EHO-Altissa Altix IV version 2 type B to be more precise.
- Serial No: 130546
- Manufactured: 1952
- Shutter: Vebur
- Shutter speeds: 1, 1/2, 1/5, 1/10, 1/25, 1/50, 1/100, 1/250
- Lens: Meyer-Optik - Trioplan 1:2.9/50
- Apertures: between 2.9 and 16
- Lens No:1681093
- Last CLA: 04/2010
I bought this camera to have something which I could take with me on my motorbike and I didn’t mind to wreck. It was cheap. It was ugly on the pictures. I didn’t care about the look just wanted something simple and functioning. I bought it for less than 15 EUR.
As for the functionality, it provides with the bare minimum: small aperture and speed range, separate film winding and shutter cocking, no metering at all, you have to use a separate light meter for the exposition settings and a good guess-o-meter for the distances. Sounds not too handy, right?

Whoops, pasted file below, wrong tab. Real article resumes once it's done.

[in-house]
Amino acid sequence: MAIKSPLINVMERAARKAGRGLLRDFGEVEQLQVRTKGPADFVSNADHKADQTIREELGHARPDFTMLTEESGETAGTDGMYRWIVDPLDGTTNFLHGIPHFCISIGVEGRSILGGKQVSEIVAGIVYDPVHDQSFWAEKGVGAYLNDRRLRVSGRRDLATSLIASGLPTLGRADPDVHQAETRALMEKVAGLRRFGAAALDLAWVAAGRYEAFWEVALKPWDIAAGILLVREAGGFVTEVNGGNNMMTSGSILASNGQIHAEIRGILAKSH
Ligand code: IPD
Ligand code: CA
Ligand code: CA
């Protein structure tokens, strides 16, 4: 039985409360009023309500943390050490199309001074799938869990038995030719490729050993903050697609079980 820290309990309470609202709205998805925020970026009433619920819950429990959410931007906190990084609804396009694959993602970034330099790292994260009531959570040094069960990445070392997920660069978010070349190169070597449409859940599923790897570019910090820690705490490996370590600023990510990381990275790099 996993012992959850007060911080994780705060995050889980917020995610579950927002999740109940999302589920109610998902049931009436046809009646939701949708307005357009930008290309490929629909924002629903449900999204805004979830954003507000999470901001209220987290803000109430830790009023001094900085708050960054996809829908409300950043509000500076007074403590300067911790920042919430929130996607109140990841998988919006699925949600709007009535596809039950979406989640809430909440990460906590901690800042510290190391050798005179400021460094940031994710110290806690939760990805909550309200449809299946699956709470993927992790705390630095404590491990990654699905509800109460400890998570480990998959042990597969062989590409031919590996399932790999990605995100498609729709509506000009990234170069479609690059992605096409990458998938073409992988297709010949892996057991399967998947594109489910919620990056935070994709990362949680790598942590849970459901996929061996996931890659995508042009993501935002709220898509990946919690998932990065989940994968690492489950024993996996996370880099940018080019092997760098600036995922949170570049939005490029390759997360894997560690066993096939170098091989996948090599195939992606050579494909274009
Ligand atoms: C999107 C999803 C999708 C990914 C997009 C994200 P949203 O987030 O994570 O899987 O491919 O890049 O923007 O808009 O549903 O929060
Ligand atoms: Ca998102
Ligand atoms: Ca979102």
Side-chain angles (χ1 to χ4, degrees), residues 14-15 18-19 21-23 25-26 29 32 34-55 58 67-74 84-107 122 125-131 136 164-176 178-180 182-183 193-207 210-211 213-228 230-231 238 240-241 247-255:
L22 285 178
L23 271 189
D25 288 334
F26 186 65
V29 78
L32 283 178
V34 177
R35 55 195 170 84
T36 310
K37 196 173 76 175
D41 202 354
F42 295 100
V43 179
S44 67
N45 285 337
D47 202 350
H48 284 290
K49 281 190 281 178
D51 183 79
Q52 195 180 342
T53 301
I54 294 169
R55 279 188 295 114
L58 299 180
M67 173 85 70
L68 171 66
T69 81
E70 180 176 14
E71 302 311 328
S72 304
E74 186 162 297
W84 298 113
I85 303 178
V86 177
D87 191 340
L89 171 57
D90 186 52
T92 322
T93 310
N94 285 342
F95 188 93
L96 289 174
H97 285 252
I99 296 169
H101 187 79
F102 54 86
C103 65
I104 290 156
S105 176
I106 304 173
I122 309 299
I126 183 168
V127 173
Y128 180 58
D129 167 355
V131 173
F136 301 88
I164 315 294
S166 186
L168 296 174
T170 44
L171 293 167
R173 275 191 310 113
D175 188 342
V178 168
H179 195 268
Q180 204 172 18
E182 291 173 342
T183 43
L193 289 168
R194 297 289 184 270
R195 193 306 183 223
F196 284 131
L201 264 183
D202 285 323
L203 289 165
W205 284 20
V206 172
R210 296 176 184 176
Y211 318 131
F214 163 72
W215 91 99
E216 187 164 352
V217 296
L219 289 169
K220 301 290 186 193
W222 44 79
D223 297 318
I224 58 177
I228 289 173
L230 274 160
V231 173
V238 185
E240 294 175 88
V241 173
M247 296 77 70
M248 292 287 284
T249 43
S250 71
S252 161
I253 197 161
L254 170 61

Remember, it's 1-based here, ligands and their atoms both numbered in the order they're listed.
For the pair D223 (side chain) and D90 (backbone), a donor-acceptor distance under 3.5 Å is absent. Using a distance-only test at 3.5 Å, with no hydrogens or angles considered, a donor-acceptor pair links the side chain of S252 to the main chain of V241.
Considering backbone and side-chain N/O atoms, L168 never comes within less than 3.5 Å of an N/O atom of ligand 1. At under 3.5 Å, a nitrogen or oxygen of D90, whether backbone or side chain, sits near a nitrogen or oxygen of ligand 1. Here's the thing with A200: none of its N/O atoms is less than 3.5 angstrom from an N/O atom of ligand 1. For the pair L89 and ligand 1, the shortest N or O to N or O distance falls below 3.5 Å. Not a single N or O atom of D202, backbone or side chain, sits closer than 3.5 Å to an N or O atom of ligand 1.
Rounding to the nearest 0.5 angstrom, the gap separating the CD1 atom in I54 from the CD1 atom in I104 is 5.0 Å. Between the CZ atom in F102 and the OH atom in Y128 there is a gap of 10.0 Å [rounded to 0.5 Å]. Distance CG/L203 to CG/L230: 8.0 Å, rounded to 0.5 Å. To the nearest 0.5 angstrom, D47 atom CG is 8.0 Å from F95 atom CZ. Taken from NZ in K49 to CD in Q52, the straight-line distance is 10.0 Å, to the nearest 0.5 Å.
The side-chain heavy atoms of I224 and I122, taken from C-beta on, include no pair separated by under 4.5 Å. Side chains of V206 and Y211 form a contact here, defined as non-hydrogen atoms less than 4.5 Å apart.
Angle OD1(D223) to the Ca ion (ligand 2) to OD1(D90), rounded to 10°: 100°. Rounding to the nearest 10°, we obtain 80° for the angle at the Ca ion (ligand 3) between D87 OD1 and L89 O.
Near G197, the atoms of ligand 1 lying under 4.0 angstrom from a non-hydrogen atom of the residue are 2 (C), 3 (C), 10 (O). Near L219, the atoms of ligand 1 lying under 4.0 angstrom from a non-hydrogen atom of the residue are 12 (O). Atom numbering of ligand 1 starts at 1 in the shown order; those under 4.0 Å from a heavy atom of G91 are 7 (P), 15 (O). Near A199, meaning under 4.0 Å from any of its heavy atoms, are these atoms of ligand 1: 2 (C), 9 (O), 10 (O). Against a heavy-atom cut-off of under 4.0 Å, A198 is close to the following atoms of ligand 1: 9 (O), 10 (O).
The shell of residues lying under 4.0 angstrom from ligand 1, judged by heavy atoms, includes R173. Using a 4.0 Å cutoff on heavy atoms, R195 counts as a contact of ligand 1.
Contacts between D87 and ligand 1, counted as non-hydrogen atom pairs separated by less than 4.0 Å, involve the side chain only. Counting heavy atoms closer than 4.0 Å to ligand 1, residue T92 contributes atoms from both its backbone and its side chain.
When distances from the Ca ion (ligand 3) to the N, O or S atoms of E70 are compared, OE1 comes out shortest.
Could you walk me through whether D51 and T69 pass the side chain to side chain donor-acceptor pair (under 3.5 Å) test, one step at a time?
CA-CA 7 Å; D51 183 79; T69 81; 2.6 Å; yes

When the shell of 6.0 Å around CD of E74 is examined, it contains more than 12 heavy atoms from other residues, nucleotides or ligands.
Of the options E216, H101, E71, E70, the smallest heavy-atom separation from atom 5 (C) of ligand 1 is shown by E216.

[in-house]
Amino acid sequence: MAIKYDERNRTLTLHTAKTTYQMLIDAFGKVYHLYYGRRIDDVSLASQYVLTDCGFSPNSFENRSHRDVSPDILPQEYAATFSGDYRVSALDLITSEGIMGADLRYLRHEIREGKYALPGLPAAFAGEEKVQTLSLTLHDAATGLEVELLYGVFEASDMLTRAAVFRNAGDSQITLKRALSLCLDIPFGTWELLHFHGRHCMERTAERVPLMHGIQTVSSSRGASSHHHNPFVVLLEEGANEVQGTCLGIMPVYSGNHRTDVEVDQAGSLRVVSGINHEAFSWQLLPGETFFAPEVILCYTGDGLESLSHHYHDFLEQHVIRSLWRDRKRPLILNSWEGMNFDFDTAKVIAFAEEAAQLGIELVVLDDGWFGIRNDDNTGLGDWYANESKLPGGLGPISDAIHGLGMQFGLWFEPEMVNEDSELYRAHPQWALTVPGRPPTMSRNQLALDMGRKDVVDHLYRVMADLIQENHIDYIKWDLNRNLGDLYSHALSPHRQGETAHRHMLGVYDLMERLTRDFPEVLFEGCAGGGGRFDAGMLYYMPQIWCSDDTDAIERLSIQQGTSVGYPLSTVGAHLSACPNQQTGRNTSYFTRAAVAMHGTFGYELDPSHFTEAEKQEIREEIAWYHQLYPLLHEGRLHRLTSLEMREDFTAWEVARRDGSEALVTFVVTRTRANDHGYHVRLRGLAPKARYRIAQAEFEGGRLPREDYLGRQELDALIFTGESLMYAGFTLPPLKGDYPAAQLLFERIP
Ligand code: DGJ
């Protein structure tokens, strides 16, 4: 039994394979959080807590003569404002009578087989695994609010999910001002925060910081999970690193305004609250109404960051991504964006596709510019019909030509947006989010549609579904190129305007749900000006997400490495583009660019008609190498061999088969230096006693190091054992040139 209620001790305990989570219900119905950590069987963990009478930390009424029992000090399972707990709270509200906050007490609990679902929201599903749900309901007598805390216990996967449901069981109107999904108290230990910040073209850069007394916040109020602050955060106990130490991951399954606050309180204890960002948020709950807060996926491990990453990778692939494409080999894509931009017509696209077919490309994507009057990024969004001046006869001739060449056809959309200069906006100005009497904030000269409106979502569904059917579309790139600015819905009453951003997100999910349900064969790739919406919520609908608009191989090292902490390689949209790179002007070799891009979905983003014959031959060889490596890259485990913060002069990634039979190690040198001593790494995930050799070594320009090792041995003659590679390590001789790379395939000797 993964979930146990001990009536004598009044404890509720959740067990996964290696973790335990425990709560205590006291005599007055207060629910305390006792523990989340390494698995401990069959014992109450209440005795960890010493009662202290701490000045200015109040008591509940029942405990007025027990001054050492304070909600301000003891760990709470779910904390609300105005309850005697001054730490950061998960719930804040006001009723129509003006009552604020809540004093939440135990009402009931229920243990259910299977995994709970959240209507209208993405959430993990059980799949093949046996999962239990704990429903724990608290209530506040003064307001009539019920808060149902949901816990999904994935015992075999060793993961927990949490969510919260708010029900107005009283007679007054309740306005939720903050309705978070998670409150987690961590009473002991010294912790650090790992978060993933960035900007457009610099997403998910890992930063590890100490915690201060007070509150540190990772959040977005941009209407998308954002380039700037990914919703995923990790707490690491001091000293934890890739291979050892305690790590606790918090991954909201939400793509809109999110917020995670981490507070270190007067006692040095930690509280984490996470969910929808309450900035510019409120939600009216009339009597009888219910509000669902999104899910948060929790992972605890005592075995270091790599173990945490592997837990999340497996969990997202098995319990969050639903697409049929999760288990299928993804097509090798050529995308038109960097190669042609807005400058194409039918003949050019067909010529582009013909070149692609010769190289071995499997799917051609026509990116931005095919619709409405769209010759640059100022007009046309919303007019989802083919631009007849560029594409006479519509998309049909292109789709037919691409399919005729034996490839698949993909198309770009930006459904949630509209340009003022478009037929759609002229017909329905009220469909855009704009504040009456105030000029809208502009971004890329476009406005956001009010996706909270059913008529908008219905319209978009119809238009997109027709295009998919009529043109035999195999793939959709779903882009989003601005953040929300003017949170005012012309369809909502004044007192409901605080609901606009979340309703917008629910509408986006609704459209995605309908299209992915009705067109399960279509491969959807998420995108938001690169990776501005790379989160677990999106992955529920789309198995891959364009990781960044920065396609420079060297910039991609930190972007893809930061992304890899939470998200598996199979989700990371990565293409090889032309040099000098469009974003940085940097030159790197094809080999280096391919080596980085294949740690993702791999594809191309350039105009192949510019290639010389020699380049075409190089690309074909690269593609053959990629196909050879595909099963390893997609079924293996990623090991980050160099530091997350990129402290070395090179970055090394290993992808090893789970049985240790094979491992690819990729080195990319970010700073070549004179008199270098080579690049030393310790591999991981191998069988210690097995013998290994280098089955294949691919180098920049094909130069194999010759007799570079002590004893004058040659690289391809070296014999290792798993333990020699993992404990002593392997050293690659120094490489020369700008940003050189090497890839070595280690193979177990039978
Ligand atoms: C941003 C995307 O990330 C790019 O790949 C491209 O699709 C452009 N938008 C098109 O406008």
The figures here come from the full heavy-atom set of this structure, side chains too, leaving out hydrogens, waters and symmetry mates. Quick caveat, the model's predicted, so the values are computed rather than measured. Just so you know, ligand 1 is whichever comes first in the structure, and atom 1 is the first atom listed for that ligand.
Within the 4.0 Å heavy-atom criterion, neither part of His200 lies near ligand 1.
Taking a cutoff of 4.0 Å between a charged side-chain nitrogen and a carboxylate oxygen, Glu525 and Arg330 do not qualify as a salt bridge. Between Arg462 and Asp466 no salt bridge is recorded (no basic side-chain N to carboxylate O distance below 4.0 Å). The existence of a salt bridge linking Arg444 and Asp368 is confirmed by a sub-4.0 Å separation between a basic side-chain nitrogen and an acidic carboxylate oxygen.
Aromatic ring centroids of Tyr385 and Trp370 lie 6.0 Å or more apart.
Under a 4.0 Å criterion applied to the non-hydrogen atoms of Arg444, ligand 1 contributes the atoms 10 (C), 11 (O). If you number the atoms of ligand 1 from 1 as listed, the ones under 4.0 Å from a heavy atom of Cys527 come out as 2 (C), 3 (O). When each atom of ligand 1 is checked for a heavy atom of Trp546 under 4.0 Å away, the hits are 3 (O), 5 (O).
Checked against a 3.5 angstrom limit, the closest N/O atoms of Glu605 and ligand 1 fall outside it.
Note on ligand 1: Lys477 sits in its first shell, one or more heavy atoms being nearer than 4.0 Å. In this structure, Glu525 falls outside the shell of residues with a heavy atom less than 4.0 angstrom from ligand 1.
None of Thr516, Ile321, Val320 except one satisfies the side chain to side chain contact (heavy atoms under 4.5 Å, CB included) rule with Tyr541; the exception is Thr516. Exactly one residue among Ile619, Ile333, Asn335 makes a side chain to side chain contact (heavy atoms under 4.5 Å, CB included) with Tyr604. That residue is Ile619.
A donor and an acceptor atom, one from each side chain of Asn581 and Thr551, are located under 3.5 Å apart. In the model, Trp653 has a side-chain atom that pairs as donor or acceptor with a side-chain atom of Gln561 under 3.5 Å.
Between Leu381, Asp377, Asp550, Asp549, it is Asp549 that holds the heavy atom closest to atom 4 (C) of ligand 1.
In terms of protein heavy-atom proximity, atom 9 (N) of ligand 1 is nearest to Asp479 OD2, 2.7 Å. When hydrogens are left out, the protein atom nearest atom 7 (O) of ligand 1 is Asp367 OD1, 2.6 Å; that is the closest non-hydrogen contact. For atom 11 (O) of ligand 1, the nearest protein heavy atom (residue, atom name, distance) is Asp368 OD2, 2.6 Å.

The first thing I noticed when I finally got it was how small it was. And how seriously good looking. Far better than on the pictures. It was a real surprise for me.
I took it to the International Seiberer Bergpreis oldtimer race to have an old camera with me. It was sunny so I didn’t have to use my light meter just set f/16 and 1/100. I used range focusing to forecast the distance. Winded the film, cocked the shutter and shot. Modified the distance and shot again. And again and again. I fell in love with it for the first roll.
The rings and knobs are ergonomically designed so the handling feels absolutely natural. The viewfinder is surprisingly bright and useful. The lack of metering gives you speed. You have to calculate and set everything in advance so you won’t miss the right moment of exposition. It turned to be the ideal camera for the oldtimer race. I could shoot 2 or more pictures of a car or a motorcycle taking the curve. Here are some pictures of the first two rolls:
The small Altix quickly became one of my favorite cameras. It’s so ergonomic that it feels almost like a part of my body. The Trioplan lens renders beautiful pictures. It’s a great performer if you can prepare for the light conditions with the appropriate film speed. However, the absence of a rangefinder makes it very difficult to use if it comes to wider aperture settings.